Top Stories

January 27, 2016

Supply Chain

Report: Companies blind to climate risks in half their supply chains

The largest-ever study of climate data from suppliers and their corporate customers, produced by CDP and written in partnership with BSR, finds that half of the key suppliers of major companies fail to respond to requests for climate information, hindering efforts to understand and manage climate risk. The COP21 Paris Agreement requires global greenhouse gas (GHG) emissions to reduce to net zero well before the end of the century. With supply chains responsible for up to four times the GHGs of a company’s direct operations, they house sizable regulatory risk but also present ample opportunity for businesses to lower emissions. “The science and the policy have never been clearer. Greenhouse gas emissions must decrease to net zero as early as possible in the second half of the century” said Paul Simpson, chief executive officer of CDP. “Companies have a vital role to play in implementing the Paris agreement. Those that are unable to do so risk being the losers from this inevitable transition.” (3BL Media)

Corporate Reputation

Yahoo Japan sold 12 tons of elephant ivory in two years, activists claim

Yahoo has been accused of allowing the trade of ivory on its Japanese auction site. Activist network Avaaz has launched a petition calling for an end to Yahoo’s sales of ivory. The petition, which has more than 1 million signatures, urges Yahoo to “urgently stop all ivory sales from sites/platforms in Japan and all other markets”. It is estimated that more than 12 tonnes of elephant tusks and fashioned pieces of ivory were sold on the Yahoo Japan site between 2012 and 2014. Despite Amazon and Google both having banned the sale of ivory on their platforms, conservation groups said they have made little headway with Yahoo’s Japanese operation. “It is truly unfortunate and there are indications this trade is fuelling poaching of elephants and the illegal trade of ivory into Japan and on to places such as China, aided by corruption in the registration system,” said Adam Peyman, wildlife program manager at Humane Society International. (Guardian)


Cruise lines team up with NGOs to help improve ocean health and wealth

The world’s two largest cruise lines, Carnival Corporation and Royal Caribbean Cruises, have announced that they are each teaming up with environmental NGOs in the name of ocean conservation. Carnival will host representatives from leading conservation, science and sustainability organizations for The Nature Conservancy’s annual Mapping Ocean Wealth forum, at its Miami headquarters. The Mapping Ocean Wealth project aims to improve investments in conservation, restoration and economic development by identifying and mapping the areas where ocean benefits are produced. Meanwhile, Royal Caribbean announced a five-year global partnership with the World Wildlife Fund (WWF) to help ensure the long-term health of the oceans. The partners will set measurable and achievable sustainability targets that will reduce Royal Caribbean’s environmental footprint, raise awareness about ocean conservation among the company’s more than five million guests, and support WWF’s global oceans conservation work. (Sustainable Brands)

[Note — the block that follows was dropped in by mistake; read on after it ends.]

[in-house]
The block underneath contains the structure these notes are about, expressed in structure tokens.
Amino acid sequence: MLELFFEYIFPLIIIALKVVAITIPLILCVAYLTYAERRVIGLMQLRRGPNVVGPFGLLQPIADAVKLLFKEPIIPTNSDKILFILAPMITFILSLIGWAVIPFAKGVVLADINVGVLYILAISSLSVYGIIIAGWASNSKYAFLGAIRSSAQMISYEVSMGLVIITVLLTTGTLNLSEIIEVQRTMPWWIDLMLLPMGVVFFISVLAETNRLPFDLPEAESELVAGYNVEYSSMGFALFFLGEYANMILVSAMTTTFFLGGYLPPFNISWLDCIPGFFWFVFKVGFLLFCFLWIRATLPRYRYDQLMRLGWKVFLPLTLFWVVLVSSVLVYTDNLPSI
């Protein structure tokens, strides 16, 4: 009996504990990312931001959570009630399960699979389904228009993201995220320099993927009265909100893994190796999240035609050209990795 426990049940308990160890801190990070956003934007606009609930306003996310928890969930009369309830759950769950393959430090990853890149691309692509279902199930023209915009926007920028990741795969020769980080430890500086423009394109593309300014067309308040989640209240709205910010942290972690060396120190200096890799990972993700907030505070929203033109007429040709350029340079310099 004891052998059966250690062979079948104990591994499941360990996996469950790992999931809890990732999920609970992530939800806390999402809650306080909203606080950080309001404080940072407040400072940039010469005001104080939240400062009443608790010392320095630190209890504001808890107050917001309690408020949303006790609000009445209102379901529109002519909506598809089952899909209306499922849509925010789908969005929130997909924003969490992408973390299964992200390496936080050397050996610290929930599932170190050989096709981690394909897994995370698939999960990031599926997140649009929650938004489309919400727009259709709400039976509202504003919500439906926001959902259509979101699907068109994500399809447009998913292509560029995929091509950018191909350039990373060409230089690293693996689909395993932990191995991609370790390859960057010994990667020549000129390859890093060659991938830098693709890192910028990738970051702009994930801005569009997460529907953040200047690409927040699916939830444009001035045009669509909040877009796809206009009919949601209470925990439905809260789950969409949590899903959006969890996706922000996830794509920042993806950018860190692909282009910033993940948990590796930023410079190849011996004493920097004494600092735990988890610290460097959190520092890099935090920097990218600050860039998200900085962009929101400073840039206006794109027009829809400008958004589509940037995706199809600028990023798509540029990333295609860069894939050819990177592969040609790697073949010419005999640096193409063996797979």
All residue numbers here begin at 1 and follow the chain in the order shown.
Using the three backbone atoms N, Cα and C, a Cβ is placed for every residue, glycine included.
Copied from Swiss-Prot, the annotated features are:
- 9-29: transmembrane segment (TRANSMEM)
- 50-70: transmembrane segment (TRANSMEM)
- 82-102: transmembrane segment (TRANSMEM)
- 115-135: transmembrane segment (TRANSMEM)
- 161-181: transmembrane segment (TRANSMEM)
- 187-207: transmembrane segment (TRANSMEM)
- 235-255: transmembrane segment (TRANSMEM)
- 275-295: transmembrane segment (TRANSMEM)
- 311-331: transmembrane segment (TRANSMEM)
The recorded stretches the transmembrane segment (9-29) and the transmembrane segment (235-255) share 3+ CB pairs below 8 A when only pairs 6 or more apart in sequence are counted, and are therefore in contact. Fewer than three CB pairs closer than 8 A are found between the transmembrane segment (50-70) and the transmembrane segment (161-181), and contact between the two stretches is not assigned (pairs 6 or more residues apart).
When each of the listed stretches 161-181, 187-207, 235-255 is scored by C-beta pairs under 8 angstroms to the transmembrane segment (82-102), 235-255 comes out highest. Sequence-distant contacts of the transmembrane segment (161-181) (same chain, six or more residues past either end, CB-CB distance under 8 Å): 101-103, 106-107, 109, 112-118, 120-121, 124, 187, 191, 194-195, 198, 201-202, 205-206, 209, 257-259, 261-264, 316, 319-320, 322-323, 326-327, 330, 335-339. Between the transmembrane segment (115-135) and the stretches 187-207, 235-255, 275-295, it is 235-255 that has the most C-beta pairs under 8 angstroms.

International Development

Report: At least six billion people locked in poverty by public sector corruption

More than six billion people live in countries where serious levels of public sector corruption are fuelling inequality and exploitation and locking millions into poverty, according to Transparency International’s annual index of perceived corruption. The Corruption Perceptions Index 2015, which ranks 168 countries on a scale of 0 (highly corrupt) to 100 (very clean), is once again topped by Denmark, which scored 91. Close behind are Finland (90), Sweden (89), New Zealand (88) and the Netherlands (87). Germany, Luxembourg and the UK are equal 10th with a score of 81, while the US comes in 16th on 76. The five countries at the bottom are: Somalia (8); North Korea (8); Afghanistan (11); Sudan (12), and South Sudan (15). Despite the overall picture – and the fact that 53 percent of G20 countries scored less than 50 – Transparency International said triumphs in Guatemala, Ghana and Sri Lanka in 2015 showed that corruption could be tackled if people worked together. (The Guardian)


Research: Solar panel costs predicted to fall 10 percent a year

Solar power costs are tumbling so fast the technology is likely to fast outstrip mainstream energy forecasts. That is the conclusion of Oxford University researchers, based on a new forecasting model published in Research Policy. Since the 1980s, solar panels have got 10 percent cheaper each year. That is likely to continue, the study said, putting solar on course to meet 20 percent of global energy needs by 2027. By contrast, even in its “high renewable” scenario, the International Energy Agency assumes solar panels will generate just 16 percent of electricity in 2050. Its widely cited future energy scenarios in previous years failed to predict solar’s rapid growth. “Sceptics have claimed that solar PV cannot be ramped up quickly enough to play a significant role in combatting global warming,” said Doyne Farmer, mathematics professor and co-author of the study. “In a context where limited resources for technology investment constrain policy makers to focus on a few technologies… the ability to have improved forecasts and know how accurate they are should prove particularly useful.” (The Guardian)